Like humans, monkeys too have the ability to plan ahead

December 7th, 2007 - 2:18 pm ICT by admin  

Washington, Dec 7 (ANI): In humans the way of grasping an object, no matter how uncomfortable, is typically influenced more by their knowledge of what they intend to do with it rather than its immediate appearance. Now, a study has found that monkeys also follow the end-state comfort effect.

End-state comfort effect is when we adopt initially unusual, and perhaps uncomfortable postures to make it easier to actually use an object.

For instance, waiters will pick up an inverted glass with their thumb pointing down if they plan to pour water into the glass. While grabbing thumb-down may feel awkward at first, it allows the waiter to be more comfortable when the glass is turned over and water poured inside.

Psychologists at the Pennsylvania State University, Dan Weiss, Jason Wark, and David Rosenbaum decided to see if cotton-top tamarins (a non-tool user species), like humans would also show the end-state comfort effect.

In the first experiment, the researchers presented the monkeys with a small cup containing a marshmallow.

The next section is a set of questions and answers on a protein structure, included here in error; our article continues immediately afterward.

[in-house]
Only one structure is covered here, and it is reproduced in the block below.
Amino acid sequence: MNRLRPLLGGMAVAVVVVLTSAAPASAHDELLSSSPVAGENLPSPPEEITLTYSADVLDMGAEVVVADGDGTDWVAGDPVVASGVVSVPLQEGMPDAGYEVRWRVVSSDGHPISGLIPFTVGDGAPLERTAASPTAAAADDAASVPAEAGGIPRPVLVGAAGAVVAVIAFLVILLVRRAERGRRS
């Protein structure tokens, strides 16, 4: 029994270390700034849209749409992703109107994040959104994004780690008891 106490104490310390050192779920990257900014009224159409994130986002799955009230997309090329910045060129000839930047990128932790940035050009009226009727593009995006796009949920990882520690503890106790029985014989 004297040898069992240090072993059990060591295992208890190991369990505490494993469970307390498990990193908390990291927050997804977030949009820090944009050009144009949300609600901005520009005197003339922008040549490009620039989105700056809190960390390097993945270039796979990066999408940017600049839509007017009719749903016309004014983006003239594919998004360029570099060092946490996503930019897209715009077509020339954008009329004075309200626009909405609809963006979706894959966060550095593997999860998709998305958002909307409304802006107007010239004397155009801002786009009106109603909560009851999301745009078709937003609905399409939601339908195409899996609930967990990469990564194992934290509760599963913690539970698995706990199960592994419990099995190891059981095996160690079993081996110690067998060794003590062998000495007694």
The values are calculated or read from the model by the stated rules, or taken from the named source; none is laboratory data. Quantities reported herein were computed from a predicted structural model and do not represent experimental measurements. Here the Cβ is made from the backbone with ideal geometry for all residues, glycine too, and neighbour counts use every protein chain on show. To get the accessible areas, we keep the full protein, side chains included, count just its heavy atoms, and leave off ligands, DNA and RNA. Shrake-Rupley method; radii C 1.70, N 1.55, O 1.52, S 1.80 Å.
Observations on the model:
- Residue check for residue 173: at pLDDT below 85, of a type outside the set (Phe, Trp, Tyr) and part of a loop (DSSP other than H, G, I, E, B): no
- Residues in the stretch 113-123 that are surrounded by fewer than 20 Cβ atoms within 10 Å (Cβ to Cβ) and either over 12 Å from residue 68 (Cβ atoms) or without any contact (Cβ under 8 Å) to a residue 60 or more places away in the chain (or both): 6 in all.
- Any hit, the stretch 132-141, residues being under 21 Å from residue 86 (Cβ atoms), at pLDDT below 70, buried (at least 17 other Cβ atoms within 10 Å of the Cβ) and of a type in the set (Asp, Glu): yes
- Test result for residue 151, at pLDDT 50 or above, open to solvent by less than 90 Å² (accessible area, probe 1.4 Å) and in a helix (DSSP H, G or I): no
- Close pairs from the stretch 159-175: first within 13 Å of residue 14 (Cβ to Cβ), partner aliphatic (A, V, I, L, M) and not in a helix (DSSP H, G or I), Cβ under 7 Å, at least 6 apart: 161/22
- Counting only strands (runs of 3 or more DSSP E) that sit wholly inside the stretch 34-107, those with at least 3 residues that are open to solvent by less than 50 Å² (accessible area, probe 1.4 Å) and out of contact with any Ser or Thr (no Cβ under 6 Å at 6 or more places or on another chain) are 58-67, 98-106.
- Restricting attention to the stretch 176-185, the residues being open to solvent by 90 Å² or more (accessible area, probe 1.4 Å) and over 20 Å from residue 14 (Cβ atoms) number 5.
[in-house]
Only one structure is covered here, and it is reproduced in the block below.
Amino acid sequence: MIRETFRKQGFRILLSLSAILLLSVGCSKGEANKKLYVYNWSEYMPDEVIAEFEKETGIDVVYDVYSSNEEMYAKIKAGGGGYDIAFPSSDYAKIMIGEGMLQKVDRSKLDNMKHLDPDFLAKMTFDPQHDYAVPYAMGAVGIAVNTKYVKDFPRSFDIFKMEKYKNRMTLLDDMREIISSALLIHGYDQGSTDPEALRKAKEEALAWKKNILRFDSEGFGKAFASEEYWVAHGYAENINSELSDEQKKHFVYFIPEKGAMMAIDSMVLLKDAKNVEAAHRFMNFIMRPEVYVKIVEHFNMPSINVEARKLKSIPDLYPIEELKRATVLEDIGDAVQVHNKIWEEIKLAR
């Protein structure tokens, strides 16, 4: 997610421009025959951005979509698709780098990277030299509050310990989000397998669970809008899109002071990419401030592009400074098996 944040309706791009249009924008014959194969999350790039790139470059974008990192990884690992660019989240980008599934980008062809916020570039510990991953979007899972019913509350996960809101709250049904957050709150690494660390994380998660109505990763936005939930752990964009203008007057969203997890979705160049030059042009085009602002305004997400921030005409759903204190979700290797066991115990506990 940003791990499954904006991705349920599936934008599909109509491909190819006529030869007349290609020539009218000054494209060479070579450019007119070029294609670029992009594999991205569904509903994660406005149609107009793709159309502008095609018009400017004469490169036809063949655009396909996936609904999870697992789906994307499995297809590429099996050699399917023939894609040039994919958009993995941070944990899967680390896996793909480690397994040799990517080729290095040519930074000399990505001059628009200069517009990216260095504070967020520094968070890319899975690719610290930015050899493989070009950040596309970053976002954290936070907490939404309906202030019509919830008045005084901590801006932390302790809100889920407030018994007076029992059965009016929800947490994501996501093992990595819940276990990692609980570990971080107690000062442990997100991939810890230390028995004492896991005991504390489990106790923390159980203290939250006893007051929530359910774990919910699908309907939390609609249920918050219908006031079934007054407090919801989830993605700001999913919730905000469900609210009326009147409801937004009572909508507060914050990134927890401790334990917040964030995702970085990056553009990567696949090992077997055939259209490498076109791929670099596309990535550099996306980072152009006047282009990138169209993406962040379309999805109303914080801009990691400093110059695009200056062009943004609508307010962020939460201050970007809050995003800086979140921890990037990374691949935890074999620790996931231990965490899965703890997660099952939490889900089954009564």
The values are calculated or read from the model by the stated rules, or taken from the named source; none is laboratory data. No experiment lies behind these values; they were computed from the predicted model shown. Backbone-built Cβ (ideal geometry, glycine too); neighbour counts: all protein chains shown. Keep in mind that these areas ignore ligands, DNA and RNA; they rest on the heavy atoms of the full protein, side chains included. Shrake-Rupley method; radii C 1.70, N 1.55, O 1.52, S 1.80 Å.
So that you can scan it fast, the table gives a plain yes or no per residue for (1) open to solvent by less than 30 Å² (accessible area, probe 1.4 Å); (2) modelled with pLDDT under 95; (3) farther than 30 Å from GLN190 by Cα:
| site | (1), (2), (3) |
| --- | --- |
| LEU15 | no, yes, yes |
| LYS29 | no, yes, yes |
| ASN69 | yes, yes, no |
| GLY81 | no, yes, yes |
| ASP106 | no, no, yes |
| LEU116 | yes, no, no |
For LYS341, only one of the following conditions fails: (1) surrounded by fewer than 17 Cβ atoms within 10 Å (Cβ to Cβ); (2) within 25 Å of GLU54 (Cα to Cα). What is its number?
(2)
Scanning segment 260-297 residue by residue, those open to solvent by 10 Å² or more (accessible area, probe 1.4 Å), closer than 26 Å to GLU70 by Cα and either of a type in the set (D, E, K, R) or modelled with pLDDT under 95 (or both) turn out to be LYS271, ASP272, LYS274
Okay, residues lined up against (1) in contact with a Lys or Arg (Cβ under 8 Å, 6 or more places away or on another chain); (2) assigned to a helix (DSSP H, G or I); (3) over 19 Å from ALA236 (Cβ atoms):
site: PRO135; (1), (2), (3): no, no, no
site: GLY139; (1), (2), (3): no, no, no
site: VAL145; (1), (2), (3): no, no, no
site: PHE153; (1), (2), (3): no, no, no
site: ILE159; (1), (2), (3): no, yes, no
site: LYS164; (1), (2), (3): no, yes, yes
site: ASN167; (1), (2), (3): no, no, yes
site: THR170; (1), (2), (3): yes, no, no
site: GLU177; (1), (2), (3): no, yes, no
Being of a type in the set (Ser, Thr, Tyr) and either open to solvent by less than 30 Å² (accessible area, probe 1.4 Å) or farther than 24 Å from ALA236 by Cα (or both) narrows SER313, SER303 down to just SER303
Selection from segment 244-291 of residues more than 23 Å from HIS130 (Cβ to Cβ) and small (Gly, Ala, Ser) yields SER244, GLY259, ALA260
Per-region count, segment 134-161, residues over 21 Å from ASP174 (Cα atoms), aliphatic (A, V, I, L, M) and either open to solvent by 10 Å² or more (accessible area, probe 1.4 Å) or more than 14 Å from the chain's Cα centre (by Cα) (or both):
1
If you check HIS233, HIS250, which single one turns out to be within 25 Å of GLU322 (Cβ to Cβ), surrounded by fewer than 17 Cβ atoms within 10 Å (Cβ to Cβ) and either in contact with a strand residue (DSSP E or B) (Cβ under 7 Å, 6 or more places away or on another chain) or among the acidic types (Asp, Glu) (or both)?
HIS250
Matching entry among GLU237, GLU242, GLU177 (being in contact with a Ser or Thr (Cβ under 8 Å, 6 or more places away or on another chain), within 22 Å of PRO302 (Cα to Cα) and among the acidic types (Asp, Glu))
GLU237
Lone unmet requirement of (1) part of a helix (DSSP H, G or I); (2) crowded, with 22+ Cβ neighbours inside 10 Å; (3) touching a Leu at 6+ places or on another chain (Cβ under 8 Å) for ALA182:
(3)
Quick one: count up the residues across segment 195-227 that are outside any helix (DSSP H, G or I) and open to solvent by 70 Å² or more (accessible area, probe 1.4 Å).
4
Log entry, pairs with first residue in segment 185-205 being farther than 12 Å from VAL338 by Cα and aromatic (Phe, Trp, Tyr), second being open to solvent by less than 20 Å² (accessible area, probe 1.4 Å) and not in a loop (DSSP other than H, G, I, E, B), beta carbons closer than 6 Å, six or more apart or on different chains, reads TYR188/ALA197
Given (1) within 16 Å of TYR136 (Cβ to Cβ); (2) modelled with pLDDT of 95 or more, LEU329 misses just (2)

The cup was either suspended upright or upside down. The monkeys grabbed the inverted cup with their thumb pointing down, thereby behaving much like human adults.

In the second experiment, the monkeys were confronted with a new handle shape and still displayed grasps that were consistent with end-state comfort.

The authors suggest that formulating relatively long-term motor plans is a necessary but not sufficient condition for tool use.

Our results may be taken to suggest that the reason tamarins dont use tools in the wild is not that they lack the ability to plan ahead, but rather that the scope of their planning is limited, the researchers said.

The findings will appear in Psychological Science. (ANI)

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